has released details of its residential
and business Voice over IP
The cable giant said Tulsa, Okla., has become its second consumer voice
market (Roanoke, Va., was the first). By year’s end, it will add Baton Rouge, La.,
parts of west Texas and southwest Louisiana.
Cox also announced plans to launch its first business VoIP-based offering in
Roanoke, Va., later this year.
Amy Cohn, a Cox spokeswoman, said pricing varies by state, but the company’s
strategy is to offer phone service for about 10 percent less than the
regional telecom carrier.
Besides cable providers, there’s an increasing number of VoIP choices from
Baby Bells, long-distance companies and
While a slew of competitors makes things trickier for the companies, it’s
benefiting consumers and small business owners who have seen VoIP prices
fall in recent months. Just last week, AT&T
and Vonage lopped $5
off their monthly rates.
In announcing its VoIP plan today, Cox took aim at the broadband telephony
firms that transport voice traffic over the public Internet, saying that
the method is susceptible to slowdowns.
By contrast, Cox’s VoIP traffic will flow over its private network. Another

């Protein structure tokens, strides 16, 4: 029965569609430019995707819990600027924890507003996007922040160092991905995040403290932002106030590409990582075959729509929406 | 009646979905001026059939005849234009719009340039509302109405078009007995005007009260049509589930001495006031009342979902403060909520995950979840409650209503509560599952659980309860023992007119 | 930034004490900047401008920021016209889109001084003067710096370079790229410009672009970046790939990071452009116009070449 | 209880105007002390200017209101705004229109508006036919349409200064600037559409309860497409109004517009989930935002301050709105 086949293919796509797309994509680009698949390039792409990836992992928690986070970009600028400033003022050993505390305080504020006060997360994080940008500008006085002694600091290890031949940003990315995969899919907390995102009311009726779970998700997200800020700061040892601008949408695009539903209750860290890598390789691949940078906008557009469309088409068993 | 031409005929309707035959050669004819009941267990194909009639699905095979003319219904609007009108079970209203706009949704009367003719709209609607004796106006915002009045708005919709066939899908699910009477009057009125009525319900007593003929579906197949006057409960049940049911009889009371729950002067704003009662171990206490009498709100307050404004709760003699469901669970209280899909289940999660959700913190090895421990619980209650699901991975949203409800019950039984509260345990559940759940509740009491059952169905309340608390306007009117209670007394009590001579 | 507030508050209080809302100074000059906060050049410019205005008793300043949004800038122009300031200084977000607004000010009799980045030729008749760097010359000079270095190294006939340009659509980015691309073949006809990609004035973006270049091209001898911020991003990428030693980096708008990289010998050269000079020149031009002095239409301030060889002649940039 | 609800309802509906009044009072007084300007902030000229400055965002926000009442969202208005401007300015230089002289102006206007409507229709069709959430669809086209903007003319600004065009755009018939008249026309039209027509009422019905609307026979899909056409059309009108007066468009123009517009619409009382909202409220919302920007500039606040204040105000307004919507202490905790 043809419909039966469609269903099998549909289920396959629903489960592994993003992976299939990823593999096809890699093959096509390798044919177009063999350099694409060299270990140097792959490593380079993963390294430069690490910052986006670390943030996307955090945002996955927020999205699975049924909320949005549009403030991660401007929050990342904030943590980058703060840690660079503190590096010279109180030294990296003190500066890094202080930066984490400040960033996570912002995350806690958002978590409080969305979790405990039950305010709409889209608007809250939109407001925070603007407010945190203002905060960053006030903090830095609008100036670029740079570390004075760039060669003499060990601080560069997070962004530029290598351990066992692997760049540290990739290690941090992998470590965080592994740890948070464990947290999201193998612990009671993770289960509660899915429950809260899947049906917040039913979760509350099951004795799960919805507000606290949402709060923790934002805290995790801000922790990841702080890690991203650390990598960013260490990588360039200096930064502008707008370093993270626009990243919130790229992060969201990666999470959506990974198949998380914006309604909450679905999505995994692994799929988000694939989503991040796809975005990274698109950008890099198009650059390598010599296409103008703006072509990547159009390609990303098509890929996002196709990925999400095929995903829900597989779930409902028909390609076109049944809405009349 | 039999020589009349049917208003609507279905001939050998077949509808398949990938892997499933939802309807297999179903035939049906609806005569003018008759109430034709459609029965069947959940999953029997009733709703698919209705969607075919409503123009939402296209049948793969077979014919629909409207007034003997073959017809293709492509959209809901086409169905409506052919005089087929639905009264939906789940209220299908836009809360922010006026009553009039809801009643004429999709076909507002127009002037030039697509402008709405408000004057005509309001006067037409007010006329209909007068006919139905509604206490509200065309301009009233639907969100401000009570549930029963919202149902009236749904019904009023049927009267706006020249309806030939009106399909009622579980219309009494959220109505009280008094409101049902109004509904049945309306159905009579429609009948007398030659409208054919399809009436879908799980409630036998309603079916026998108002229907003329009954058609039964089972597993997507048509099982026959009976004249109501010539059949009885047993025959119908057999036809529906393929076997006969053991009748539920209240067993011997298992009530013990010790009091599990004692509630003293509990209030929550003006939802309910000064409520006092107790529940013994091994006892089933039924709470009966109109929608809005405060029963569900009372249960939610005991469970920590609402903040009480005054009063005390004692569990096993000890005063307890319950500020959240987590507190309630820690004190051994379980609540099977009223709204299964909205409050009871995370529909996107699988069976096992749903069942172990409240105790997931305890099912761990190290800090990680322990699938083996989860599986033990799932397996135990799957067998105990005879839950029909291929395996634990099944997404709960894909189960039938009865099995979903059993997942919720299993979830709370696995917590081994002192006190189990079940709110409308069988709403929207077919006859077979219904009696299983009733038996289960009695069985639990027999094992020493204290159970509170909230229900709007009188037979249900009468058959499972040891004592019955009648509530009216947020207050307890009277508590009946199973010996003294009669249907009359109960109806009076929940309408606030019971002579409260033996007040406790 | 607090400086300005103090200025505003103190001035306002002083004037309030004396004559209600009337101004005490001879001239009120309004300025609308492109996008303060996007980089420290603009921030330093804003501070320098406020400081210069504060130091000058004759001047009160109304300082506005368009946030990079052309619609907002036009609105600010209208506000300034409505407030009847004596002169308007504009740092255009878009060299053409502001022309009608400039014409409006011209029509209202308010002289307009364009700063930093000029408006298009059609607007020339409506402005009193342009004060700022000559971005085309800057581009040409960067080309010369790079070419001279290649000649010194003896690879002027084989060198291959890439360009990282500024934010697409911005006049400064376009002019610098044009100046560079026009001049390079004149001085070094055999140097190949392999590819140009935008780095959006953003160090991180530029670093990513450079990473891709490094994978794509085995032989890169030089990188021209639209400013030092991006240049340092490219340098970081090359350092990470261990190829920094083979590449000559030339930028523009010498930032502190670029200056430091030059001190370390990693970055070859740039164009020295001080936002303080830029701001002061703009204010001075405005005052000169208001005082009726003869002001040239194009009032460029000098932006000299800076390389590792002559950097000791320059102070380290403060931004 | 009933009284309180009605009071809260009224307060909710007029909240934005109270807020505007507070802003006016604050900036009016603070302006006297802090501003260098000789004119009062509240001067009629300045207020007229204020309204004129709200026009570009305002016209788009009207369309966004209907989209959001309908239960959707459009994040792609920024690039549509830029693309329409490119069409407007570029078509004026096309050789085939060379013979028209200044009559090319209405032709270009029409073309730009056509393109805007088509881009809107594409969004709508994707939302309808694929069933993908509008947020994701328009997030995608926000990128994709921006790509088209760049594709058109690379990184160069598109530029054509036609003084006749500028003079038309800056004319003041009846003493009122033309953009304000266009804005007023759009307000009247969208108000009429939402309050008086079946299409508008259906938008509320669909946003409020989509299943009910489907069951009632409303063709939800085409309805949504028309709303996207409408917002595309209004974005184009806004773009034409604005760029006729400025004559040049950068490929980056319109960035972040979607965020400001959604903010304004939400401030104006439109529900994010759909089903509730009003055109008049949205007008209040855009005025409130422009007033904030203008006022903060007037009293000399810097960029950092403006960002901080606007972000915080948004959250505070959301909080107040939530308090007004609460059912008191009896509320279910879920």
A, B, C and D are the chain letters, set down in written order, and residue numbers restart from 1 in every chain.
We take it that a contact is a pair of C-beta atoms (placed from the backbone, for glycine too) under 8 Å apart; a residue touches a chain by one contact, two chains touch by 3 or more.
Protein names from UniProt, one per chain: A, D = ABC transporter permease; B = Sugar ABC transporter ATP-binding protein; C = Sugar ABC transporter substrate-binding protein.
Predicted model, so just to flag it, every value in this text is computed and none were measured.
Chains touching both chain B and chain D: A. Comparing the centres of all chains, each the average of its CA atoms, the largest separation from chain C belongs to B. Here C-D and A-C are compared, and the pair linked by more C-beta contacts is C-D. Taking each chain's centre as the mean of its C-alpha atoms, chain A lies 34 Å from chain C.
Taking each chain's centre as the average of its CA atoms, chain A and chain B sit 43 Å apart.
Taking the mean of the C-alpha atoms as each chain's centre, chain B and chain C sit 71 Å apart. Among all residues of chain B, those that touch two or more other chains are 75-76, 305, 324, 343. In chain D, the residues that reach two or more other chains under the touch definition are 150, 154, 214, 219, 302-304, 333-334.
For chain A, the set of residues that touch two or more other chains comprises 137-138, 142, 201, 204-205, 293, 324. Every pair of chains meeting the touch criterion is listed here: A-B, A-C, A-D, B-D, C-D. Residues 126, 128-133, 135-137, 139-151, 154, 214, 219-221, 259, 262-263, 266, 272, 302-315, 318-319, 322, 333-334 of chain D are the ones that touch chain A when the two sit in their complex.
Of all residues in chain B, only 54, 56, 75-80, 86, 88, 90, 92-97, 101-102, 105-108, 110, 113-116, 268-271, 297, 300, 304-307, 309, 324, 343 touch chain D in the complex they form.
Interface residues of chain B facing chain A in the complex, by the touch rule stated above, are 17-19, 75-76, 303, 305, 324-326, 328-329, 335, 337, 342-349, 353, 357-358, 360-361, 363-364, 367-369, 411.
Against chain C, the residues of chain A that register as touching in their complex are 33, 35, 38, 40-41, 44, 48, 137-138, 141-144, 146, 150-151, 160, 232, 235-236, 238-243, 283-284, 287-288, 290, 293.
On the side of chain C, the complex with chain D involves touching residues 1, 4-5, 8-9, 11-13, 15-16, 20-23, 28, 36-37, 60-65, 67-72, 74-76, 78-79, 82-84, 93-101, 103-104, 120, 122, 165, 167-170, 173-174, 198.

advantage of Cox’s infrastructure is that broadband access is not a
prerequisite for VoIP.
That said, Cox, like other cable providers, will look to bundle the service
into packages with television and broadband. “Bundling is a huge part of our
strategy,” Cohn said.
In other VoIP news, Qwest Communications International
launched a new addition to its portfolio. OneFlex Integrated Access enables
small business customers to bundle voice and data services over one
When no one is making a call, all the bandwidth on the connection is
available for their business data needs, such as e-mail and other data
The allocation of bandwidth between voice and data is automatic, unlike
older services that require a configuration change to allocate bandwidth
between voice and data service, Qwest said.